Recently there have been major strides in prevention and management of a number of liver diseases. Implementing following 8 slogans can prevent spread of hepatitis viruses: i. Safe blood, ii. Safe needle, iii. Safe sex, iv. Safe pregnancy, v. safe food; vi. Safe portable water, vii. Safe shave, &viii. Safe tattoo (Fig 3).Universal hepatitis B vaccination at birth in endemic areas has been shown to be highly effective in reducing carrier rates in children as well as the incidence of end stage liver disease (ESLD) and liver cancer. Hepatitis A vaccine is highly efficacious and combined HAV/HBV need to be implemented in industrialized countries and western travellers to endemic areas. Recently, Hepatitis E vaccine 239, Hecolin has been launched in China and raises hopes for control of this human python. There have been major strides in the drug treatment of HBV and HCV. However, drug treatment for both HBV and HCV is far from satisfactory because of low cure rates, prolonged therapy, adverse drug reactions and exceptional costs. Abstinence of alcohol should be encouraged for all patients with alcoholic liver disease. Life style modifications at present are the only way forward to control metabolic syndrome, insulin resistance and NAFLD. It is worth mentioning that for patients with ESLD and acute liver failure, liver transplant is the only hope for millions of such patients as of today. In spite of the shortage of organs and long waiting list of patients on cadaveric program liver transplant has substantially changed management of such patients. Live Donor Liver Transplant (LDLT) has removed many bottlenecks and strengthened such programs especially in India.
Author is Former Director, Chairman Dept. of Medicine, Professor Gastroenterology, Sher-I-Kashmir Institute of Medical Sciences, Srinagar, Kashmir, India. Reach him at Khuroo@yahoo.com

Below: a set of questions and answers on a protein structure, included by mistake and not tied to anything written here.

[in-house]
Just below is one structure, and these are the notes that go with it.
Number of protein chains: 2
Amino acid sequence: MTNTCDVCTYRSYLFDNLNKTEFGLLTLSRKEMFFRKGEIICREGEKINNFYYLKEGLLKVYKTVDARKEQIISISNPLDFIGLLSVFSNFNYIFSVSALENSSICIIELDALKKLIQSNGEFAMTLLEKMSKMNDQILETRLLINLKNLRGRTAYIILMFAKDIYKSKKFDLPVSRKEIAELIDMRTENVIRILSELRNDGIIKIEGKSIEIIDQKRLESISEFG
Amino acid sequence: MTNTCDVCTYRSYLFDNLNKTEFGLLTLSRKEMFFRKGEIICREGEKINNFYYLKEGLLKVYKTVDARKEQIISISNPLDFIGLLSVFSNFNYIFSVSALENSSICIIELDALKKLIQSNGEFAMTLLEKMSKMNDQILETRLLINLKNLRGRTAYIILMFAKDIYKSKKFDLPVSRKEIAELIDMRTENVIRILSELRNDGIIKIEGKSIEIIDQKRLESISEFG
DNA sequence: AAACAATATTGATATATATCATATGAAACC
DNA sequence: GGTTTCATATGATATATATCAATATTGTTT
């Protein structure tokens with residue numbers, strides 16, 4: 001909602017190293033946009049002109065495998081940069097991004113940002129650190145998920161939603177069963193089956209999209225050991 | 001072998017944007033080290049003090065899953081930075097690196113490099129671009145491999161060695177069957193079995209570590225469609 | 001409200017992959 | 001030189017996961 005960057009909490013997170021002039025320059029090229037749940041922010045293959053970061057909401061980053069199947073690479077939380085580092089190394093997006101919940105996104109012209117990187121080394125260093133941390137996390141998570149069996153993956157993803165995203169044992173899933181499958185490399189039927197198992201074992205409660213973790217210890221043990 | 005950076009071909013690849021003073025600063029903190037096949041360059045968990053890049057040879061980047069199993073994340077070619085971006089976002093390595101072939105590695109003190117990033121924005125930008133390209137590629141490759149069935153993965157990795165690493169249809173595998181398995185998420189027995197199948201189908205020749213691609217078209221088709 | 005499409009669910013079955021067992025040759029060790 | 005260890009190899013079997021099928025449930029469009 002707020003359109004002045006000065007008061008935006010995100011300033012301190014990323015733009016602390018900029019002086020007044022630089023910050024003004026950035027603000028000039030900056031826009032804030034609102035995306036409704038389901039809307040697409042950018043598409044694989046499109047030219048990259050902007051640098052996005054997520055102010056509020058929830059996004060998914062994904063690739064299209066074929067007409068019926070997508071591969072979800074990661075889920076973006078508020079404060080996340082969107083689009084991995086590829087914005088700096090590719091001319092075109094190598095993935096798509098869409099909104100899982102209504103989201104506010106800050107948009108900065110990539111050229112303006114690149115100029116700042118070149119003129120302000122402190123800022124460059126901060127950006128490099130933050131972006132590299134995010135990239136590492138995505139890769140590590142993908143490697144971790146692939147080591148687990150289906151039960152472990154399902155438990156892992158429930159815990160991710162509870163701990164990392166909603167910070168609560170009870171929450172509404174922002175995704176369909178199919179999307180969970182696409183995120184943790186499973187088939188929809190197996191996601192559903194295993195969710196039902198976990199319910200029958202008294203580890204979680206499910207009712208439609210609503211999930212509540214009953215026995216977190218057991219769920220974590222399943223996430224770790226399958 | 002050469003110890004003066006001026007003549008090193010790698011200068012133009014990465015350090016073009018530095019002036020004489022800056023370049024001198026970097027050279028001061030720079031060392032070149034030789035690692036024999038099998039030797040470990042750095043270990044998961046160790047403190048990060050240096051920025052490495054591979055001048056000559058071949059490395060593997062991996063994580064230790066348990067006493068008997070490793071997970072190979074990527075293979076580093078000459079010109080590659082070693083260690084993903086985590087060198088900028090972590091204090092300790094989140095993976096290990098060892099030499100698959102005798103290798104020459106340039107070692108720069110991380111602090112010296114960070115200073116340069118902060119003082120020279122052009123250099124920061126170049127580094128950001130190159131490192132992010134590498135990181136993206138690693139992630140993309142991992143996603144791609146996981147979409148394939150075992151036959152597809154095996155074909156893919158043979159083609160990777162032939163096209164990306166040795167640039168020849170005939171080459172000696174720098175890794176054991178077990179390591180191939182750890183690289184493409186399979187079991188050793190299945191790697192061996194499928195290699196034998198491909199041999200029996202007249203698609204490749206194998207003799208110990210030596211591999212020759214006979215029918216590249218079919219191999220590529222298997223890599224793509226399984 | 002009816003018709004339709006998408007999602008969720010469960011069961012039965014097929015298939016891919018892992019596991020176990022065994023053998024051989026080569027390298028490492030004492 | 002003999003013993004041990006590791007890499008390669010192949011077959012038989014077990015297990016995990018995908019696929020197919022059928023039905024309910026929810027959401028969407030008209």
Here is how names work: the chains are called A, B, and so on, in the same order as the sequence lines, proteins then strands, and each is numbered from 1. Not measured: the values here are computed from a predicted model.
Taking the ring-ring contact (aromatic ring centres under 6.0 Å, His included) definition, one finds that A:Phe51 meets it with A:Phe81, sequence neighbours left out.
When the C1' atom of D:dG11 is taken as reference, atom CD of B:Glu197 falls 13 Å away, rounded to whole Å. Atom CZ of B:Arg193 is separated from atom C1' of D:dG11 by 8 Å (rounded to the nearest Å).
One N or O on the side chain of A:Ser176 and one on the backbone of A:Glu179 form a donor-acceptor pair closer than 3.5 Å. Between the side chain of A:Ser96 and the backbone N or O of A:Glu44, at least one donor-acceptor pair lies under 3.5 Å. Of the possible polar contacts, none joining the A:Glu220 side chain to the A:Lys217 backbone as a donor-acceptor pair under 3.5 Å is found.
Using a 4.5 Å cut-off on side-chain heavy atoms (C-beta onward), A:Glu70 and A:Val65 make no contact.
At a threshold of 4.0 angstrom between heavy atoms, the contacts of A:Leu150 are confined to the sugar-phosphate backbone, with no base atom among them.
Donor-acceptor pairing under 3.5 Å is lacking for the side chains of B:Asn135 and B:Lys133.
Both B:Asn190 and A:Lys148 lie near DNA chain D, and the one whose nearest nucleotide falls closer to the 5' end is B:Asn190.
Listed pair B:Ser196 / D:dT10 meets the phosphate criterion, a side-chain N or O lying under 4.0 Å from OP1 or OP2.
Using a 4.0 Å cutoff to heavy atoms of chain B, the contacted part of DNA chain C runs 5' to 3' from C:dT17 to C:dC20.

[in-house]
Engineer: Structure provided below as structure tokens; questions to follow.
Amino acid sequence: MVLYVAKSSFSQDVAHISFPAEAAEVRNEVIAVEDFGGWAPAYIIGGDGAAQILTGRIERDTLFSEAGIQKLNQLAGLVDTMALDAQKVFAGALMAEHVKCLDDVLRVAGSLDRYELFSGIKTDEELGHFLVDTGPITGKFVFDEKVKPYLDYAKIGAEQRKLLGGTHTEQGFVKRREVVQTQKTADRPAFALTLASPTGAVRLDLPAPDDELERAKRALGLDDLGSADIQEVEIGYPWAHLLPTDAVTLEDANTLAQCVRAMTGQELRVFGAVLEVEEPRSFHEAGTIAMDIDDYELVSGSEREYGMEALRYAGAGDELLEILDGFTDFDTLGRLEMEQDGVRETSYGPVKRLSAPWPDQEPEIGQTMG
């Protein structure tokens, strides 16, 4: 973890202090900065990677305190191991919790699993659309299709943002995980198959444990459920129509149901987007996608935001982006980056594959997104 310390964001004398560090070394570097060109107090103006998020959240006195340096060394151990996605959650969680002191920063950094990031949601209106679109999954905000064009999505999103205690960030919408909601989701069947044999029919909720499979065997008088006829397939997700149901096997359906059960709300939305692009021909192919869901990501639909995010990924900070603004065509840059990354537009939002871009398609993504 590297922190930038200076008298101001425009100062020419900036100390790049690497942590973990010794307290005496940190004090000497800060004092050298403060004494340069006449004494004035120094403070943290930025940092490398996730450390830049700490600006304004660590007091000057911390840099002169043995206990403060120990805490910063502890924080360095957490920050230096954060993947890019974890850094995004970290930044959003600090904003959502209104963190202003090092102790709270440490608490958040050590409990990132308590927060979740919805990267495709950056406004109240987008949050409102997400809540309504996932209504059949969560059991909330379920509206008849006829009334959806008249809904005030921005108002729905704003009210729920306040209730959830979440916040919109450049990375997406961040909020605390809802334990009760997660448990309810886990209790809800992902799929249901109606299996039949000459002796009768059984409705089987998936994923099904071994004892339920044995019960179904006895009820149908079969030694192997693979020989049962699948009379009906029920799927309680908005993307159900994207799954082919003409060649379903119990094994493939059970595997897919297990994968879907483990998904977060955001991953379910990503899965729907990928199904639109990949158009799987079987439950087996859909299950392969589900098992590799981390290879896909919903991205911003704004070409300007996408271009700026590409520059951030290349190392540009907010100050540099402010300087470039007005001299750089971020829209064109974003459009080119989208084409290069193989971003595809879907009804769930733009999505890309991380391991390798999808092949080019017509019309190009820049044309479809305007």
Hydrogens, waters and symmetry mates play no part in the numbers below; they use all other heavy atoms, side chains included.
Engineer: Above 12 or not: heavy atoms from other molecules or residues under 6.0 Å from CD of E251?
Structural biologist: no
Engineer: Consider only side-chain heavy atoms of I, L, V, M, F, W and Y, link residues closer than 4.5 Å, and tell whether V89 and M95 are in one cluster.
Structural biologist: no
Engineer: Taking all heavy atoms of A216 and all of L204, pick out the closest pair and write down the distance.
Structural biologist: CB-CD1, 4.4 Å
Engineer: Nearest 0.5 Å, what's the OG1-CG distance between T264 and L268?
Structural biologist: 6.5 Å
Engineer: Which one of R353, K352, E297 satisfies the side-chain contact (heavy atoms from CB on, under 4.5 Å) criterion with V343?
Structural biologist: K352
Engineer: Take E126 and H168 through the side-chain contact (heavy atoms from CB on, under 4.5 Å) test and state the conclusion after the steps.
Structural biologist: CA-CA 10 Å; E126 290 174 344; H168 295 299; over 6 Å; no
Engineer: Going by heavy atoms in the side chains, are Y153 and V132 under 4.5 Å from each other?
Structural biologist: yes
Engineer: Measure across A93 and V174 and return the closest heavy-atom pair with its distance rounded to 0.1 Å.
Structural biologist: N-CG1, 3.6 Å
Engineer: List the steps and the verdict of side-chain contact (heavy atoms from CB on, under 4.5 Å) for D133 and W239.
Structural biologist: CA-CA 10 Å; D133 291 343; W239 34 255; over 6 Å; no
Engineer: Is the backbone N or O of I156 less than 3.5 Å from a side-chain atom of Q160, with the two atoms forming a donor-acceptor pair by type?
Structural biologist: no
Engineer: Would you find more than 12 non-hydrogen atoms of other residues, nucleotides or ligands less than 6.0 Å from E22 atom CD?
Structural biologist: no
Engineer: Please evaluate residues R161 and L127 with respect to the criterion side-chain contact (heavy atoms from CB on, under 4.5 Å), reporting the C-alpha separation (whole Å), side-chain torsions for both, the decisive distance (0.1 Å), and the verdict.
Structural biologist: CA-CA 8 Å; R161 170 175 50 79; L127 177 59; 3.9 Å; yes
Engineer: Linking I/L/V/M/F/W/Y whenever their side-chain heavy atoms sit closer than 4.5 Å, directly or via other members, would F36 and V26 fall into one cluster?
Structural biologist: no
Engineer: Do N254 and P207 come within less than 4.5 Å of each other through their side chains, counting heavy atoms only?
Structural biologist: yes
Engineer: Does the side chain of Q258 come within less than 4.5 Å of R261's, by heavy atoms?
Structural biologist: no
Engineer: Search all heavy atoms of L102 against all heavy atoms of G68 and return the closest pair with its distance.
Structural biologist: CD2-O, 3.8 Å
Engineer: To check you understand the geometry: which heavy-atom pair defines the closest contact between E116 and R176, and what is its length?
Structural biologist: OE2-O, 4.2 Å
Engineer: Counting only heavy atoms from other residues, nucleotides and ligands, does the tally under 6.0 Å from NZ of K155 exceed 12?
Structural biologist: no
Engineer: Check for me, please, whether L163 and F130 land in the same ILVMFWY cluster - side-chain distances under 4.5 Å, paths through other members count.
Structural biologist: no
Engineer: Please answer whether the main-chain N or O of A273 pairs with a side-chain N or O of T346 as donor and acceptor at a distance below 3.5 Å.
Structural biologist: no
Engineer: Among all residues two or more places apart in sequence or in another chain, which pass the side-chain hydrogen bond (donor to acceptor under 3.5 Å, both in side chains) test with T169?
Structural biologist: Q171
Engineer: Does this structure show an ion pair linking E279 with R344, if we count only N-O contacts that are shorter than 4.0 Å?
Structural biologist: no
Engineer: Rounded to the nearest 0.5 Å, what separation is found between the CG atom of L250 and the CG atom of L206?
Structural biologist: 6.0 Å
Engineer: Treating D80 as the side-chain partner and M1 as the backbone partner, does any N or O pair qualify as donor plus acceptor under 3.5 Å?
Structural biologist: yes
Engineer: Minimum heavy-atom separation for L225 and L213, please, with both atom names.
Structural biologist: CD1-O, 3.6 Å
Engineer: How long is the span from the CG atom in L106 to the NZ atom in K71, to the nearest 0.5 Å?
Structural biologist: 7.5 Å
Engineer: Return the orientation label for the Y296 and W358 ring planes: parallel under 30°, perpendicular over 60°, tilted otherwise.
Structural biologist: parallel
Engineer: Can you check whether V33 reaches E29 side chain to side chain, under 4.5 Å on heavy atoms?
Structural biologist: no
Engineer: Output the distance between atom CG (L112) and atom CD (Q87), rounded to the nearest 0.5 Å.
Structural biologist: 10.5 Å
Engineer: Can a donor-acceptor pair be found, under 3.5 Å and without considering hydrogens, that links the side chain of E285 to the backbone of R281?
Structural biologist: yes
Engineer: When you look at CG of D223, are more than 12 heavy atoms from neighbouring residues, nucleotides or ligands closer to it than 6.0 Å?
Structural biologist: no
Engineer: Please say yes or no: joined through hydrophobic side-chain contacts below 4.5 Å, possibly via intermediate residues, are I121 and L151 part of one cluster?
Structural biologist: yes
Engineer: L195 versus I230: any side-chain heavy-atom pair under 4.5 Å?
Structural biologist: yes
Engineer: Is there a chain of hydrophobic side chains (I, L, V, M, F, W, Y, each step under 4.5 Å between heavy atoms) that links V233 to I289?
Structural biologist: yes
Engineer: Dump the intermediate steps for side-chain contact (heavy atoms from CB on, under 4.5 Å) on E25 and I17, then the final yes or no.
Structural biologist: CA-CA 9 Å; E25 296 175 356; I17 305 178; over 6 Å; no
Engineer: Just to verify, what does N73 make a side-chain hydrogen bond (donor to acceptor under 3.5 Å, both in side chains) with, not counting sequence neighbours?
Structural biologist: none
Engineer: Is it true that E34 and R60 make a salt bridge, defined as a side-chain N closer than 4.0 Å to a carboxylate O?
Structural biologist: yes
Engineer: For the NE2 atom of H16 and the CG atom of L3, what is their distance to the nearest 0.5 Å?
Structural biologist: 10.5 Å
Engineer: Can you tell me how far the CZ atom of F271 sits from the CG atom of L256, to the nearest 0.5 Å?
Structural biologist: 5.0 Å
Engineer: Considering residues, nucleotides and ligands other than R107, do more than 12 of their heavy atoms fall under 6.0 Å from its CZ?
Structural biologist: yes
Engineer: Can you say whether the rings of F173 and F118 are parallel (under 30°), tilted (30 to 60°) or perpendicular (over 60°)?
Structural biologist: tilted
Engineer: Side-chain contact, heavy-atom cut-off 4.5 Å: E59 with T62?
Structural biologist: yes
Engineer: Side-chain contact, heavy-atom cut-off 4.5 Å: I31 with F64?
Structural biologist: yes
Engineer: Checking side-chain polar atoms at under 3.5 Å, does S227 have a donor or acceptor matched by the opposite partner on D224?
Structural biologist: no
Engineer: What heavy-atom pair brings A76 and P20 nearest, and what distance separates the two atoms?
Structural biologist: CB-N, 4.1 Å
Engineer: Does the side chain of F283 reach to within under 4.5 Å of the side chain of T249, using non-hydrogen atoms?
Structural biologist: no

Table: Liver: A Vital Organ of the Human Body
Gross structure Placement: Right upper abdomen; Weight: 1500 g; Blood supply: Portal vein (80%), hepatic arteries (20%); venous drainage: 3 hepatic veins; Bile drainage: hepatic ducts (right & left), Common bile duct, Gallbladder; Cells: hepatocytes (60%), endothelial cells, perisinusoidal stellate cells & Kupffer cells (40%); Sinusoids (blood channels); Cholangioles (bile channels); Lobes: right & left; Segments: eight (1 to VIII)
Functions Synthetic: secretion of bile; synthesis of liver specific proteins (liver enzymes); synthesis of plasma proteins (all proteins except immunoglobulin’s). Metabolic: detoxification of drugs & toxins; maintain blood glucose; phagocytosis of particulate material and bacteria; store Vitamin A and other fat soluble vitamins
Patterns of liver disease presentation Incidental/asymptomatic (elevated liver tests or positive HBsAg or anti-HCV); Acute viral hepatitis; Acute hepatic failure; Chronic hepatitis; Cirrhosis; Acute on chronic liver failure (AoCLF); End Stage Liver Disease (ESLD); Cholestatic liver disease
Causes of liver diseases Hepatitis viruses (A, B, C, D,E); Alcohol; Metabolic syndrome (Non-alcoholic Fatty Liver Disease); Hepatocellular cancer (HCC); Metastatic liver disease (colon, breast, stomach, pancreas, etc); Drugs & toxins; Auto-immune chronic active hepatitis (AICAH); Destructive cholangiopathies (Primary biliary cirrhosis, Sclerosing cholangitis); Genetic diseases (Wilson’s disease & Hemochromatosis); Vascular liver diseases (Budd Chiari syndrome-BCS; Venoocclusive disease-VOD; Extrahepatic portal vein obstruction-EHPVO); Progressive familial intrahepatic cholestasis (PFIC-1; PFIC-2; PFIC-3); Hydatidosis (Hydatid liver cysts); Amebiasis (amebic liver abscess); Schistosomiasis (Schistosomial liver disease); Tuberculosis (granulomatous hepatitis); Malaria (malaria hepatopathy); Dengue (dengue hepatitis) etc.
Investigation to assess liver disease Physical; Routine blood counts; serum chemistry; Elevated liver test patterns may be Hepatocellular, Cholestatic, hemolytic/Gilbert’s syndrome, Infiltrative; Hepatobiliary ultrasound; MRI/MRCP; triple phase CT; ERCP; Liver biopsy
Staging & scoring of liver disease Child Pugh Score (A, B & C); MELD Score; Metabolic syndrome; Maddrey discriminant function (Alcoholic hepatitis);
Management Vaccination (HBV; HAV & HEV); Safe blood, needle, pregnancy, sex, food, water, shave, tattoo; Abstinence; Life style modifications; Anti-viral drugs; specific drug treatment for primary causes; Liver transplant
Lastupdate on : Tue, 22 Jan 2013 21:30:00 Makkah time
Lastupdate on : Tue, 22 Jan 2013 18:30:00 GMT
Lastupdate on : Wed, 23 Jan 2013 00:00:00 IST